Is olive oil good for cooking?

Aprox. 4 minutes reading time

Because our last Facebook post on the benefits of olive oil has sparked a lot of controversy over its use for heat cooking, we decided to tackle this subject head-on in this article. As you might expect, this myth is FALSE, for the simple fact that it has no scientific basis.

Olive oil is one of the most stable cooking oils and unlike others, it contains compounds and antioxidants that prevent it from decomposing under moderate heat. It’s mostly composed of oleic acid (Omega-9), a monounsaturated fatty acid that is naturally resistant to oxidation.

Olive oil has been used all over the world for centuries as a versatile culinary oil, consumed as such or used as a medium for frying in the pan or in the oven. And let’s not forget that extra virgin olive oil is a staple of the Mediterranean diet. It is an extremely healthy oil and research has shown that it contains high levels of antioxidants (some unique to extra virgin olive oil) as well as the ability to increase the health impact of other ingredients cooked with it.

Most foods cooked in extra virgin olive oil will contain a higher proportion of monounsaturated fats than the original foods. In addition, the antioxidants in the oil will be transferred to the cooked food and fat-soluble vitamins and food components, such as glucosinolates (found in broccoli and kale) and carotenoids (found in carrots) will be better absorbed by the body when cooked in extra virgin olive oil (EVOO).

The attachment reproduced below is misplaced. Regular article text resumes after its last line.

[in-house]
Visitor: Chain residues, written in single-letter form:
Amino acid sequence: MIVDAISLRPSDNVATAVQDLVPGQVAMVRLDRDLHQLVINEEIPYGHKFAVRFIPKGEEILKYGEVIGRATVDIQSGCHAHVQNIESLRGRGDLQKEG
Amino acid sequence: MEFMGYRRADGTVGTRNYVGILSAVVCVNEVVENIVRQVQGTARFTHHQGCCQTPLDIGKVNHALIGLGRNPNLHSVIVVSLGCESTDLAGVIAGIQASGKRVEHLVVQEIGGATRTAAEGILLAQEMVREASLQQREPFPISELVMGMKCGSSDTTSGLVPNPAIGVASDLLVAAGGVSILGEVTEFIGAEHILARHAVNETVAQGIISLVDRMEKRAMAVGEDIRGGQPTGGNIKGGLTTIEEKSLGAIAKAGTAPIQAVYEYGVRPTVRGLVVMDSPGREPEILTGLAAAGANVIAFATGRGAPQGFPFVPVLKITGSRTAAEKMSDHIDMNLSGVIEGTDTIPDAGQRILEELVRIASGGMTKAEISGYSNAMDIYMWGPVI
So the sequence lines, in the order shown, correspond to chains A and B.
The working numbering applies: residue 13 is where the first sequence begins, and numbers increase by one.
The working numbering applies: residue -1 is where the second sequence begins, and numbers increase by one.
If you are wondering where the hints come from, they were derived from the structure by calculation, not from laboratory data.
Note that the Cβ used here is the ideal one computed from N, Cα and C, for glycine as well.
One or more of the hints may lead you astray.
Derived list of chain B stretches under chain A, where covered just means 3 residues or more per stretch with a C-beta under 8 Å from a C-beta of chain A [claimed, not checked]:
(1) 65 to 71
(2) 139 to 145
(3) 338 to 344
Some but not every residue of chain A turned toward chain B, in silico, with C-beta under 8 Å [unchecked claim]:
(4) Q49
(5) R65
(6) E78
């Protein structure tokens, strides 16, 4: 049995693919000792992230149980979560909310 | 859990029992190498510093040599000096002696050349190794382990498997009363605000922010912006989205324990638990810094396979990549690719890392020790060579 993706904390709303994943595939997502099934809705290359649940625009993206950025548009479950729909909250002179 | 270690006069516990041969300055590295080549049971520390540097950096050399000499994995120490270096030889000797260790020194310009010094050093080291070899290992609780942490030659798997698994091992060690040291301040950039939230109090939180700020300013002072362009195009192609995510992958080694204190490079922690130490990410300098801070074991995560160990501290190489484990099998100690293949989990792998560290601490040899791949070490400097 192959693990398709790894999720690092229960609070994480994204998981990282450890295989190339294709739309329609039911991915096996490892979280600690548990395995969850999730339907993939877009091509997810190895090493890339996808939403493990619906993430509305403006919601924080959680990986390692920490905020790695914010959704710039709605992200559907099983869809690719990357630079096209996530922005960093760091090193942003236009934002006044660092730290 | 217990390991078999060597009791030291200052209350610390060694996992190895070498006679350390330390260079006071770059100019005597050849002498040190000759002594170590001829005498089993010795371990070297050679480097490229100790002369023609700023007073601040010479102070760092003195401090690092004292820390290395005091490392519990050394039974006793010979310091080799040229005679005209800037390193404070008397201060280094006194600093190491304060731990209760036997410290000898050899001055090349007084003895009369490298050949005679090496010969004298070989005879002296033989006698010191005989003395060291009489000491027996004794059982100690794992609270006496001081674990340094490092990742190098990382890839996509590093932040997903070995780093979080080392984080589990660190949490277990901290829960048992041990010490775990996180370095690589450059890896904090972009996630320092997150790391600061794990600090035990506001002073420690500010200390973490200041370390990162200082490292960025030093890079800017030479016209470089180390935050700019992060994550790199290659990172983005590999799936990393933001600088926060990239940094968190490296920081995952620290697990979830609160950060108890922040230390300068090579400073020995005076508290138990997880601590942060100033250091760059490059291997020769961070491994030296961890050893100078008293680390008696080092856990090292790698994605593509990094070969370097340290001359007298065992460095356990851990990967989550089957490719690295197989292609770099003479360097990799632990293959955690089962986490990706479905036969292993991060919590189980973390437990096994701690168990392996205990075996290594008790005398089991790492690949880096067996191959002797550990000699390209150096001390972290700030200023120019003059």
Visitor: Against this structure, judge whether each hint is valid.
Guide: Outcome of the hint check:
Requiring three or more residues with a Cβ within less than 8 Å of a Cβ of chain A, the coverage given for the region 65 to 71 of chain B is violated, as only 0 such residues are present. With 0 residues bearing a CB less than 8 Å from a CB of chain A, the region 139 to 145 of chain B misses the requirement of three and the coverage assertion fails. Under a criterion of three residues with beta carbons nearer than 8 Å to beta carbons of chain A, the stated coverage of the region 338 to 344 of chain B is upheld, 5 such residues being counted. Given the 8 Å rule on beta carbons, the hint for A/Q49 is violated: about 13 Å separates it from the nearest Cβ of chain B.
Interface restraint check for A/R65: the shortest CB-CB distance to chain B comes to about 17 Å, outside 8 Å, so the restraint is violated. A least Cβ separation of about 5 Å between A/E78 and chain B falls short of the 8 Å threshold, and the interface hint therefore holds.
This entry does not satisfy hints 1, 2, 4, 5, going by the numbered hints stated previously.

Of all the oils tested, EVOO was proven to produce the lowest level of harmful polar compounds, a particularity that was more pronounced in refined oils. Also, EVOO proved to be the most stable heating oil, followed closely by other virgin oils.

What are polar compounds? When the oil decomposes (for example, when exposed to heat), a variety of degradation by-products appear, called polar compounds, which can be detrimental to health and have been linked to the development of neurodegenerative disorders such as Alzheimer’s and Parkinson’s Disease. In industrial kitchens, the percentage of polar compounds found in cooking oils (after repeated use) is tested to determine when an oil is no longer safe for human consumption. International law in countries like France, Italy, Poland and Spain apply a limit of 25% when it comes to these polar compounds.

Extra virgin olive oil is very stable and resistant to decomposition and formation of polar compounds, for at least three important reasons:

  • It is rich in monounsaturated fats (for example, oleic acid), unlike many refined oils, which have more polyunsaturated fats, which in turn are more prone to oxidation and therefore degrade faster.
  • Rich in natural antioxidants that protect the oil when it is heated.
  • It is produced naturally, only by mechanical means.

Refined oils are subjected to several processing treatments during production, such as high heat, bleaching and deodorization. This leaves refined oils with a high initial level of oxidative by-products and primes them to decompose more easily when heated.

The conclusion here is that the safety and use of extra virgin olive oil for cooking has been proven by many studies, all which agree that the extra virgin olive oil is suitable for frying, baking and for every other style of cooking.

Source: here.

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